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Secondary Flow in Variable Stator Vanes With Penny-Cavities

[+] Author Affiliations
Simon Stummann, Daniel Pohl, Peter Jeschke

RWTH Aachen University, Aachen, Germany

Hannes Wolf, Alexander Halcoussis, Matthias Franke

MTU Aero Engines AG, München, Germany

Paper No. GT2017-63771, pp. V02AT39A018; 12 pages
  • ASME Turbo Expo 2017: Turbomachinery Technical Conference and Exposition
  • Volume 2A: Turbomachinery
  • Charlotte, North Carolina, USA, June 26–30, 2017
  • Conference Sponsors: International Gas Turbine Institute
  • ISBN: 978-0-7918-5078-7
  • Copyright © 2017 by ASME


This paper presents a description of Detached Eddy Simulations being carried out on a variable stator vane with a penny-cavity in order to determine the secondary flow phenomena in the main flowpath. Variable stator vanes are common in multi-stage compressors to prevent flow separations on rotor and stator blades at off-design operation points. The bearing of the stators at hub and tip generate unavoidable circular-shaped ring gaps, which are called penny-cavities. The aim of this paper is to determine secondary flow phenomena in variable stator vanes on an annular cascade testbed resulting from the throughflow of the penny-cavities. Reynolds-Averaged-Navier-Stokes simulations and scale resolving Detached-Eddy-Simulations of a variable stator vane with hub penny-cavity were therefore performed using Ansys CFX. The results of these simulations will be compared to corresponding simulations without penny-cavity. The study shows secondary flow phenomena, which are comparable to the interaction of a transverse jet in a free stream. Due to the low momentum ratio of R = 0.5, the jet immediately veers in the direction of the main flow. The typical vortices which develop from a transverse jet in a free stream are identified. The steady RANS simulation shows an asymmetrical counter-rotating vortex pair. A lack of unsteady secondary flow interaction can be seen in the RANS simulations in contrast to the Detached-Eddy-Simulations, which resolve large turbulent scales. Hence an interaction between the counter-rotating vortex pair and the unsteady shear layer vortices in the stator is visible. In the Detached Eddy Simulations the counter-rotating vortex pair is superimposed by the unsteady shear-layer vortices. The vortices produce significant additional mixing losses, which will be shown in detail. By comparing simulations with and without penny-cavity, the penny-cavity losses are quantified. In conclusion, this paper will help design engineers become more aware of the significance of the penny-cavity with variable stator vanes.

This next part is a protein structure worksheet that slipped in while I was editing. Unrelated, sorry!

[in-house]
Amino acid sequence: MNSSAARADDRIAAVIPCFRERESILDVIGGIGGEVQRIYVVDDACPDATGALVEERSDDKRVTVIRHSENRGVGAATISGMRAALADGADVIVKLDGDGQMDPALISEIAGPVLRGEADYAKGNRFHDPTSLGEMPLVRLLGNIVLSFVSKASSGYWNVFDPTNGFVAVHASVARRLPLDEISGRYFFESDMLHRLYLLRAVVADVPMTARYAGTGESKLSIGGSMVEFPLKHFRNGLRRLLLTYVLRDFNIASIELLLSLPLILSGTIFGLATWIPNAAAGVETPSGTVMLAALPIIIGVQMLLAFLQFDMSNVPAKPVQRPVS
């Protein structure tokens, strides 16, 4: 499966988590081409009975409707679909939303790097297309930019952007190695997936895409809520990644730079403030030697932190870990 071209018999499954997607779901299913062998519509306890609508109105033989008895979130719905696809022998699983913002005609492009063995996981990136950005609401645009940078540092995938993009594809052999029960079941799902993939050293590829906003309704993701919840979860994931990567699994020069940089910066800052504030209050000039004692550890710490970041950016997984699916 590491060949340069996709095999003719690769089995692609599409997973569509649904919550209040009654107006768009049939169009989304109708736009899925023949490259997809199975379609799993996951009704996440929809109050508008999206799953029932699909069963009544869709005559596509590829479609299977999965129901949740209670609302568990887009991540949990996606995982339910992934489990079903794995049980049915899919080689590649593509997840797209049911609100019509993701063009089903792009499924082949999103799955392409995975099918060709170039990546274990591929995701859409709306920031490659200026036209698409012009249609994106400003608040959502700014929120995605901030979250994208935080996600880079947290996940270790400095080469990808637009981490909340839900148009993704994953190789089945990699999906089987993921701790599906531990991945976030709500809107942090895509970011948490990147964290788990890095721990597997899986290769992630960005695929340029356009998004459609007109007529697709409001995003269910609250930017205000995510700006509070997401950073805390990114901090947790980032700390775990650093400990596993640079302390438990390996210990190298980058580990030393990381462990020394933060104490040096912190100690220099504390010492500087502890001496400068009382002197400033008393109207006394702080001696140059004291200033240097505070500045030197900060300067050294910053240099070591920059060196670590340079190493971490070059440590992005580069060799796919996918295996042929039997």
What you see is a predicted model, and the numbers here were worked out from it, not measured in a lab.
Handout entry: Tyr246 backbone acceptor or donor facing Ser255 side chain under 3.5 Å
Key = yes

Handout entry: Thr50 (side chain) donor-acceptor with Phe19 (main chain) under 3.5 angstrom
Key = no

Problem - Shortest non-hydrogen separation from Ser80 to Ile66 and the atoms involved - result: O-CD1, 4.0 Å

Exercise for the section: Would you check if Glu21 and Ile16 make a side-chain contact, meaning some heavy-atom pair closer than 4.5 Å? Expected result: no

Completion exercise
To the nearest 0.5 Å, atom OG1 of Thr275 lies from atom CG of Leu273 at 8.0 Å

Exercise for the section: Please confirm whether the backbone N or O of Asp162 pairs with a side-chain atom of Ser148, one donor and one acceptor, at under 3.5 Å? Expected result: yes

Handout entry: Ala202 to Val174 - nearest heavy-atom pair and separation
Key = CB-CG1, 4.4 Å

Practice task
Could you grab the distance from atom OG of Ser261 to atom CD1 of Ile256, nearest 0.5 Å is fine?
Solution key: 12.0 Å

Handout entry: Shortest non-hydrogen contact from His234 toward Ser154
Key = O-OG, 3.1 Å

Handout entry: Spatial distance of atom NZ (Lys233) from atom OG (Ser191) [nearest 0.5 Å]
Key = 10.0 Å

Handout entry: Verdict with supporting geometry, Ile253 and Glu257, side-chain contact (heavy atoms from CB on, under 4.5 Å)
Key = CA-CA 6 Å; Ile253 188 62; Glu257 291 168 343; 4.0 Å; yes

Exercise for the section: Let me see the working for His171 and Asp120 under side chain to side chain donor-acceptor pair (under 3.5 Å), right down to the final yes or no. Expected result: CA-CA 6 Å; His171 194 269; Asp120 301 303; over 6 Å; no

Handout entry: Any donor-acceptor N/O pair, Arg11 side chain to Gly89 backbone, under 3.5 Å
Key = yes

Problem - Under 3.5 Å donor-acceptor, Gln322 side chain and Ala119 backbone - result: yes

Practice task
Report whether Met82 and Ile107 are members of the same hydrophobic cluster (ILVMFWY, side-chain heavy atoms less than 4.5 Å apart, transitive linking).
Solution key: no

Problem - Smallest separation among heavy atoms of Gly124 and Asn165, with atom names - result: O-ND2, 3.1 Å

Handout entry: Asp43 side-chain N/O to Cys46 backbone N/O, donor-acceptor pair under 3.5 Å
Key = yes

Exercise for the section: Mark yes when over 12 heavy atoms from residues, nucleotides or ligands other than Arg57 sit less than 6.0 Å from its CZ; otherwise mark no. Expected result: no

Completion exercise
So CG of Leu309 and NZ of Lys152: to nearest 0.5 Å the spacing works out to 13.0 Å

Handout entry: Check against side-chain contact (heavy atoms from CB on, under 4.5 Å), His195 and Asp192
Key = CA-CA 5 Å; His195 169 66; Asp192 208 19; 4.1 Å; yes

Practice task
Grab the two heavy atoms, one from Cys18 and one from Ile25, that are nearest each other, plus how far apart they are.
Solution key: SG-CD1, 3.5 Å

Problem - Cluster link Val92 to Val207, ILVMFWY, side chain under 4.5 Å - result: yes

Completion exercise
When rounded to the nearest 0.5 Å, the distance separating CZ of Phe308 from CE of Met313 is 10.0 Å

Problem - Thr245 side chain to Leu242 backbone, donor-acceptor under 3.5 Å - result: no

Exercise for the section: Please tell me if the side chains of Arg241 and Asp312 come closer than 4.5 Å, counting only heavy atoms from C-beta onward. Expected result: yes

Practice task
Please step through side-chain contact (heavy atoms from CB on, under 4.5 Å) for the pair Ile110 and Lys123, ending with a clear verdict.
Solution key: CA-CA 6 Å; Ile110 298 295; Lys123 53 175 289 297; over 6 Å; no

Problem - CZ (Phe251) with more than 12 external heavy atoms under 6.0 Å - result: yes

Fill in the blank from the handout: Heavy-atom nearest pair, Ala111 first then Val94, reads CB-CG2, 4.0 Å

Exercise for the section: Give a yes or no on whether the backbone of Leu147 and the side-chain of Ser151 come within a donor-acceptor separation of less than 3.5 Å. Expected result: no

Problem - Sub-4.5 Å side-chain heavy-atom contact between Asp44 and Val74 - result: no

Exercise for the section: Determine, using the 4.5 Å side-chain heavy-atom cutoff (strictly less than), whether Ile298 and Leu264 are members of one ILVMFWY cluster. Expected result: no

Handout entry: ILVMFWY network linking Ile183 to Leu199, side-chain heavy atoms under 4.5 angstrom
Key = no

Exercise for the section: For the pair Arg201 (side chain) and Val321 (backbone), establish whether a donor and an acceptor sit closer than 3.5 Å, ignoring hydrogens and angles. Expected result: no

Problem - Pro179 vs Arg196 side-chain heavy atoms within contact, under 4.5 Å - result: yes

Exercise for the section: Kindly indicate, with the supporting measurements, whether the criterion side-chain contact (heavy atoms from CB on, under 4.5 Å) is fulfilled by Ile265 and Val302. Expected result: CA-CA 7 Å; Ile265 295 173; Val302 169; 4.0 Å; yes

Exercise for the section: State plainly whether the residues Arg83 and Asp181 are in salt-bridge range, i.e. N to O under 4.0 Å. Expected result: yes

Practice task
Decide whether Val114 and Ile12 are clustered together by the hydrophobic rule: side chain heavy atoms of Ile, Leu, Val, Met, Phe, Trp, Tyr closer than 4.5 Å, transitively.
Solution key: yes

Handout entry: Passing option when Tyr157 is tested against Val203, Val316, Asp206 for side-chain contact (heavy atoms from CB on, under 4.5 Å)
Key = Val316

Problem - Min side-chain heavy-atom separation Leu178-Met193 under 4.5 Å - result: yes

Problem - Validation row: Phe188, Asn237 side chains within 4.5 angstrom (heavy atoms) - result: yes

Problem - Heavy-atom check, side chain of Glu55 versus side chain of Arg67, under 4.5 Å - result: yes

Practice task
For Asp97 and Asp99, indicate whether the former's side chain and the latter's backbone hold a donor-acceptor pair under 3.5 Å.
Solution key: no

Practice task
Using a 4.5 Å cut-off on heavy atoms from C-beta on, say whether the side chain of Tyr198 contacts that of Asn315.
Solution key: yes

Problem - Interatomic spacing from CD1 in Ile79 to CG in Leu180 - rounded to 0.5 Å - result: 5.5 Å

Copyright © 2017 by ASME



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